Discussion in 'Current Events' started by 804brown, Dec 13, 2011.
New Confederacy Rising
A well written article by a person that dips in and out history drawing conclusions about why events occurred and the causative impact on future events.
An interesting read on one person's view of history that could motivate one to research what he says and discern where the truth lies.
One fragment from his article is, "...premise that all human institutions are irredeemably corrupt." I tend to agree with this at the National level bu not necessary at the local or state level. Essentially, institutions start out with pure and truthful intent but as they grow and gain power, they do indeed become "irredeemably corrupt."
Isn't it the people running it that turn it into the 'irredeemably corrupt' institution?
Well made points Hoax of which I would concur. The organization of human institutions work best and are most effective at the closest levels in which they are used and this speaks directly to human scale. As I read the piece I came across the following:
What the author sez is true but I was left asking myself does the author also place a large responsibility on those same authorities to use truth and transparency back down to those in whom they demand trust? Human institutions don't breakdown because they are right or left or any of these false constructs but that people begin to experience the falsehoods or what one might call Plato's Noble Lie in the sense that as institutions scale up, the lie or myth must be implored to win the loyalties of more and more people who themselves are of a diverse ideal and belief. If we begin to understand how the human individual is hardwired we may realize we are hardwired towards small scale and thus when we try to scale up, we tend to loose our best qualities of caring, compassion and empathy because we no longer find it as easy to relate. If I don't relate to you, what happens to that voice of conscience when it comes time to tell you a truth. Does the seduction of power and the truth getting my way become the premise on which I justify telling you the noble lie? My ends justify your means. Your death is a small price to pay for my version of civilization.
I'm glad to see the author mention the great Randolph Bourne who I consider a real unsung hero of the early 20th century. He's often quoted in "War is the health of the State" and as the author suggested, he was right. His 1918' treatise "The State" in this day and age IMO is a must read.
Good link 804 but also consider this as a kind of counterpoise if you will to the dynamic of the religious right and that is the religious left in the likes of Chris Hedges. You and I have discussed Chris and his being a hero to you and I've said also how much I respect Chris as well. Although I don't share Chris' faith in belief, his moral voice however is a welcome to the discourse of societal discussion. However, Chris is not without his own faults in using the same type of extremes as he would condemn the christian, political right of using. Chris IMO was very wrong in attacking the likes of Sam Harris and others of non-faith in calling them racists and accusing them of resorting to mass genocide with WMD's if given the chance. I would agree that Harris, Hitchens and Dawkins can be very caustic in their attacks on faith but for Hedges to resort to the types of things he would allege is wrong in the christian political right is just as wrong. I will strongly defend Hedges voice being in the conversation but the very nature that Theo Anderson asserts of the christian political right, he seems in some sense to pretend by act of ommission that it doesn't exist on the left as well. I also found it very interesting as a national political force that Anderson failed to mention that the progressive movement of the late 19th and early 20th century was very much a republican led movement, it was early progressivism (right or wrong) that moved conscience minded Whigs to form the republican party in 1854' and it was this force that propelled Lincoln into the White House in 1860'. And it was Teddy Roosevelt with rare mention of McKinley who brought progressivism into the 20th century mainstream.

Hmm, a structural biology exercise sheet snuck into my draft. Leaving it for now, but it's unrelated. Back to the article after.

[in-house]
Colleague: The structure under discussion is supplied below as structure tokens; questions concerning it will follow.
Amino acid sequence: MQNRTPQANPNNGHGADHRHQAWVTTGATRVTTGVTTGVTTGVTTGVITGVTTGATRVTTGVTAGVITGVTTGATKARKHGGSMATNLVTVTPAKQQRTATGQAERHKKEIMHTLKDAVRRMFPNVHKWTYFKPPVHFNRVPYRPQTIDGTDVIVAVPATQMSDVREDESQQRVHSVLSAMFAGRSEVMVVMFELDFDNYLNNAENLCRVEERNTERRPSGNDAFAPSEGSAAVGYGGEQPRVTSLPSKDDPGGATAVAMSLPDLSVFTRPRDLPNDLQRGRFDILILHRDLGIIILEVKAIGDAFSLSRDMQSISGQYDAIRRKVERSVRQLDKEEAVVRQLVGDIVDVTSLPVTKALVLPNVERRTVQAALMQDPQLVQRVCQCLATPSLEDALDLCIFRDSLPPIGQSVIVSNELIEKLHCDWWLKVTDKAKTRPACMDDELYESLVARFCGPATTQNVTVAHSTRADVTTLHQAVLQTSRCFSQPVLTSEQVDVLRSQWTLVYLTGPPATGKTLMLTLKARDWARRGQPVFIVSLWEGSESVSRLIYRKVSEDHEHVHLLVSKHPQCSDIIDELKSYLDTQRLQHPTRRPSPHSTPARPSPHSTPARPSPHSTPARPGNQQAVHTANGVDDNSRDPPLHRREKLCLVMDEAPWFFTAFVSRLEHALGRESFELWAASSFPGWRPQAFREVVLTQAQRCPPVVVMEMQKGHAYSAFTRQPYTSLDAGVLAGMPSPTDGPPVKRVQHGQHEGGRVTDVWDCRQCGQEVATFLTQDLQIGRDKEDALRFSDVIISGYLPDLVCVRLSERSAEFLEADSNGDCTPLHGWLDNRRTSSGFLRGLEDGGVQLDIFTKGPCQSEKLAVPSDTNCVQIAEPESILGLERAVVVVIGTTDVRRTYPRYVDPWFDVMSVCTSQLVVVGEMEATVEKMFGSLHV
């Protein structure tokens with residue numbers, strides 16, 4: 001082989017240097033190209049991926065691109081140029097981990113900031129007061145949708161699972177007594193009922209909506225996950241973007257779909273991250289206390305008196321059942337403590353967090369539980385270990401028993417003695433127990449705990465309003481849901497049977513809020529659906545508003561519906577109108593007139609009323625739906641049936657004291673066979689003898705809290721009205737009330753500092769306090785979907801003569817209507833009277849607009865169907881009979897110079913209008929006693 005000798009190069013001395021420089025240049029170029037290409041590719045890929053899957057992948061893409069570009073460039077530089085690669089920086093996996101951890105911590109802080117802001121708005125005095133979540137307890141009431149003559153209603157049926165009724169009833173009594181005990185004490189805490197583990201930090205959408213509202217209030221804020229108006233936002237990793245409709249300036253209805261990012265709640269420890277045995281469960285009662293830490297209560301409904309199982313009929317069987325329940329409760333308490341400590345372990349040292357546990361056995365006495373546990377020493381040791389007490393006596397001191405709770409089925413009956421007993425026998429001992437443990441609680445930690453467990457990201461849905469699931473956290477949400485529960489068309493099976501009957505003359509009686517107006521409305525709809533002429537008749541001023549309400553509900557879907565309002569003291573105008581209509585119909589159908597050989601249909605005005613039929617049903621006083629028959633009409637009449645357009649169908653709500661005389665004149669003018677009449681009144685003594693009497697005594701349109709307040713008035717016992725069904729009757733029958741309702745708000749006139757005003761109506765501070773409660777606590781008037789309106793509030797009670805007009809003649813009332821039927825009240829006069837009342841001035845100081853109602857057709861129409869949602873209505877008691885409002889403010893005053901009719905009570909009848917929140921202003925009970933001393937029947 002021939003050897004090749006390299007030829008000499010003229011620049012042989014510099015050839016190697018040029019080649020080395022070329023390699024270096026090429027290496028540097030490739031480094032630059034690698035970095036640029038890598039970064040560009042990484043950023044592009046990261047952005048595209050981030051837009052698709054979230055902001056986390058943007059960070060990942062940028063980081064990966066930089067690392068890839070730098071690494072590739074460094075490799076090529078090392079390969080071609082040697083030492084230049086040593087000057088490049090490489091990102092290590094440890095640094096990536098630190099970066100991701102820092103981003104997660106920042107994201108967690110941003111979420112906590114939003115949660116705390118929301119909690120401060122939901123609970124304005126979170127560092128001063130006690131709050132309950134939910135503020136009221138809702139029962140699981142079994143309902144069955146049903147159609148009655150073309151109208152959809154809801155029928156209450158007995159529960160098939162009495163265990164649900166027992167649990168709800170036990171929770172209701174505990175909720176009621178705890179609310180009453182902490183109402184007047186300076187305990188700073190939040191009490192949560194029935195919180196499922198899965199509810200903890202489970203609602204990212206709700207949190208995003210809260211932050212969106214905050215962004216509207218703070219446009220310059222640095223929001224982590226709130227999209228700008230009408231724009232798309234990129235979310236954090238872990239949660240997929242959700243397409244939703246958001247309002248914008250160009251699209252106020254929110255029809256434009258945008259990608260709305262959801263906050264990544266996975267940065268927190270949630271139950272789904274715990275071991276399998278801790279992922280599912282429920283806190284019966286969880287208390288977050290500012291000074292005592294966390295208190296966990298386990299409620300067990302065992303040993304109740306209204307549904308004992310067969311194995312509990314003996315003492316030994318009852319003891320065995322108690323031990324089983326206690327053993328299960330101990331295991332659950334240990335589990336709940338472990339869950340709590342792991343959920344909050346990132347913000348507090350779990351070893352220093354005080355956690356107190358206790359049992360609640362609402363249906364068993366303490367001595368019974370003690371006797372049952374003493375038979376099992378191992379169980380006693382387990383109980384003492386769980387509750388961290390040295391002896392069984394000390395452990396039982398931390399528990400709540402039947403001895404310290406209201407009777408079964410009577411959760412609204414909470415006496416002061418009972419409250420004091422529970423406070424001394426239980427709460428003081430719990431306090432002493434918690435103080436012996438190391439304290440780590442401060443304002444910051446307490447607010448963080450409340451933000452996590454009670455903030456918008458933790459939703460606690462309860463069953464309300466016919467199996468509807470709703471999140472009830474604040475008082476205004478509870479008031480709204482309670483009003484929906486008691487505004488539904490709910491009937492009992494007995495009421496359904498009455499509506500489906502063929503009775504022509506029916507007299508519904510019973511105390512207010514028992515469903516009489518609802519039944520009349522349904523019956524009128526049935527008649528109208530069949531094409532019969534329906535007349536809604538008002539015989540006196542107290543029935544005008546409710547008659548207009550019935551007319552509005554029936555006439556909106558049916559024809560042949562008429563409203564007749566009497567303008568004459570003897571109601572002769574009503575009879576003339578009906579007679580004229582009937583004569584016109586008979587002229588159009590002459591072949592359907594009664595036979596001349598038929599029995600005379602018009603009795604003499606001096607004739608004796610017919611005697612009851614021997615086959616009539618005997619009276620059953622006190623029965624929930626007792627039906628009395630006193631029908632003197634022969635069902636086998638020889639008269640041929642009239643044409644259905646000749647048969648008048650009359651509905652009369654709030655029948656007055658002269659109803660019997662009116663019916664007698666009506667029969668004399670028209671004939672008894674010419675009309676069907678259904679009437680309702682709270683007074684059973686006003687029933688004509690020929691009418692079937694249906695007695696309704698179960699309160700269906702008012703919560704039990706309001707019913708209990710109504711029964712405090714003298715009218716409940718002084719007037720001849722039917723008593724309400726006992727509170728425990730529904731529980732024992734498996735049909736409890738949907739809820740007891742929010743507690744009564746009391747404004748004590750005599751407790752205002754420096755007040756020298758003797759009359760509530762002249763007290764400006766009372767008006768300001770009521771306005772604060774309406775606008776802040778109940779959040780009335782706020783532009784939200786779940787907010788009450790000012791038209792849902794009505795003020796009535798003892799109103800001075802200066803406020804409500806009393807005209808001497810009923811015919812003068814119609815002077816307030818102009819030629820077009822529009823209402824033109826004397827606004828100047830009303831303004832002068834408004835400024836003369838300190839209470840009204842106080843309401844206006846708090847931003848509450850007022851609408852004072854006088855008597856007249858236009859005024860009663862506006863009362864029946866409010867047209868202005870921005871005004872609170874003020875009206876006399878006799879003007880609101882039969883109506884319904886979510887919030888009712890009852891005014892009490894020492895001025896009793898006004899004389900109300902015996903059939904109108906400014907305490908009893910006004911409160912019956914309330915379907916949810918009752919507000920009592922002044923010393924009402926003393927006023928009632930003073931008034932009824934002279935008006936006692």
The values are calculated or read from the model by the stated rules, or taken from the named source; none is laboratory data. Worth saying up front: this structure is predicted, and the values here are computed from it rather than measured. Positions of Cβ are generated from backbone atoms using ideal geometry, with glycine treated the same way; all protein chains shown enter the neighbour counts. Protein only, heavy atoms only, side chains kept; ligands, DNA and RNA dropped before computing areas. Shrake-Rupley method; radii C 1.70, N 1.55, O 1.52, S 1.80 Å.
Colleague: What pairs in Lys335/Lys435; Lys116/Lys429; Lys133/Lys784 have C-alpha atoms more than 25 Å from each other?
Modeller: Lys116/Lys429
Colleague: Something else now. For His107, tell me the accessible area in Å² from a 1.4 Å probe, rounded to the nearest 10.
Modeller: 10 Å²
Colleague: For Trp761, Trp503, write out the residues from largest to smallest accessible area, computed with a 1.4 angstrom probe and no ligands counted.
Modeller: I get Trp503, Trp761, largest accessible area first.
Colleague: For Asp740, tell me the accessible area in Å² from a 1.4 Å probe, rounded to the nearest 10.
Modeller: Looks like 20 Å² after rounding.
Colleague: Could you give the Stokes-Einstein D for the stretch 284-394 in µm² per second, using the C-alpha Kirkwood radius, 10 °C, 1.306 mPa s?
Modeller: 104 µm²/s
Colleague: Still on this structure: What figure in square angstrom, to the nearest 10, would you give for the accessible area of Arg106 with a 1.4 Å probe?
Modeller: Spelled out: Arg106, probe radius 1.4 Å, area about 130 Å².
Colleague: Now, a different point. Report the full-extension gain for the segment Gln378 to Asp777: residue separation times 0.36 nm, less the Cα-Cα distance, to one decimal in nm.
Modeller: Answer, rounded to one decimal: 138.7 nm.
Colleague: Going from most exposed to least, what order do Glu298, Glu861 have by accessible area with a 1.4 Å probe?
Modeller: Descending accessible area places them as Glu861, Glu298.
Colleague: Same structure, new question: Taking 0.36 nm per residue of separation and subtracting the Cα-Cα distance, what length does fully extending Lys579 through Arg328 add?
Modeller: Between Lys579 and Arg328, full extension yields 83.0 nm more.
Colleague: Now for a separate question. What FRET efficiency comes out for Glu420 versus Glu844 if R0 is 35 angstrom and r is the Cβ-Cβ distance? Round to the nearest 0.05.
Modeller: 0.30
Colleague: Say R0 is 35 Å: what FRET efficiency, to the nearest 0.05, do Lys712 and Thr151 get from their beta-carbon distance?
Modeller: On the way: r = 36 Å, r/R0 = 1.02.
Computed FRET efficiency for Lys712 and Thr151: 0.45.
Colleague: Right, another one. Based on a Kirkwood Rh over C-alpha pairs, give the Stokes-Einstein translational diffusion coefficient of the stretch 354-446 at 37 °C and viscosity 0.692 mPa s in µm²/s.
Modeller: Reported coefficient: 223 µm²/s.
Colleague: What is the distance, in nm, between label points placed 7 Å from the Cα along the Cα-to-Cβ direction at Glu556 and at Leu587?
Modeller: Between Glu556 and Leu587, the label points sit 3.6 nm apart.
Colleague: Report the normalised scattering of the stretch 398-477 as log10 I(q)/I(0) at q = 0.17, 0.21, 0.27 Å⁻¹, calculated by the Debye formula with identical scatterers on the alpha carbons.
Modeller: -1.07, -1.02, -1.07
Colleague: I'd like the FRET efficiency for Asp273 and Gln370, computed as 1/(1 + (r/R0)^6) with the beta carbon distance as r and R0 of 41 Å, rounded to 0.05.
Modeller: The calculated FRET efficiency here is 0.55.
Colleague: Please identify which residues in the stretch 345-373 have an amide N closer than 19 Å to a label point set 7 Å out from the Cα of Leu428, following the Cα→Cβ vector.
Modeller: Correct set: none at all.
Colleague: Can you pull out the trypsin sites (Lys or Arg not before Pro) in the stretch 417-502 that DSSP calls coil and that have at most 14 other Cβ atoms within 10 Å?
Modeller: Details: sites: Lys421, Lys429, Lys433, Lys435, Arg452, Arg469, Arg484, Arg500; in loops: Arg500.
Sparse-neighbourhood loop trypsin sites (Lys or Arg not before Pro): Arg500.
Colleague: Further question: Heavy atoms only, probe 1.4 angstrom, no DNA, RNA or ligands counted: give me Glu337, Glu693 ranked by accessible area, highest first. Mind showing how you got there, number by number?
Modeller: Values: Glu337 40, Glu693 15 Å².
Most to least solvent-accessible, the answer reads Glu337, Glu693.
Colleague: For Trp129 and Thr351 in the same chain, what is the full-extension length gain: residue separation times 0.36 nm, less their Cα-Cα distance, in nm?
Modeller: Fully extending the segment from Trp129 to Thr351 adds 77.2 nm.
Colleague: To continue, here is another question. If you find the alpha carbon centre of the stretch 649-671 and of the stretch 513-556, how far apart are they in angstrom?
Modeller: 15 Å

I enjoyed and appreciated Anderson's piece and maybe because of brevity he was unable to devote the time to progressive politics it deserves but I do think at the end of the day, both the religious right and the so-called progressive left share the same ideals and that is to control the levers of power. Anderson's theory that the christian right hates man made institutions and wants to abolish them hits a wall when one looks at what gov't does when on those occasions the christian right steers the ship of state, that sucker always gets a rebuild and regardless of who, it always comes out the otherside with even more horsepower than it had before. So much for ending the institutions of man. He's correct in pointing out many good concerns but he only wants to drop one shoe in the process. He should drop the other shoe IMO.
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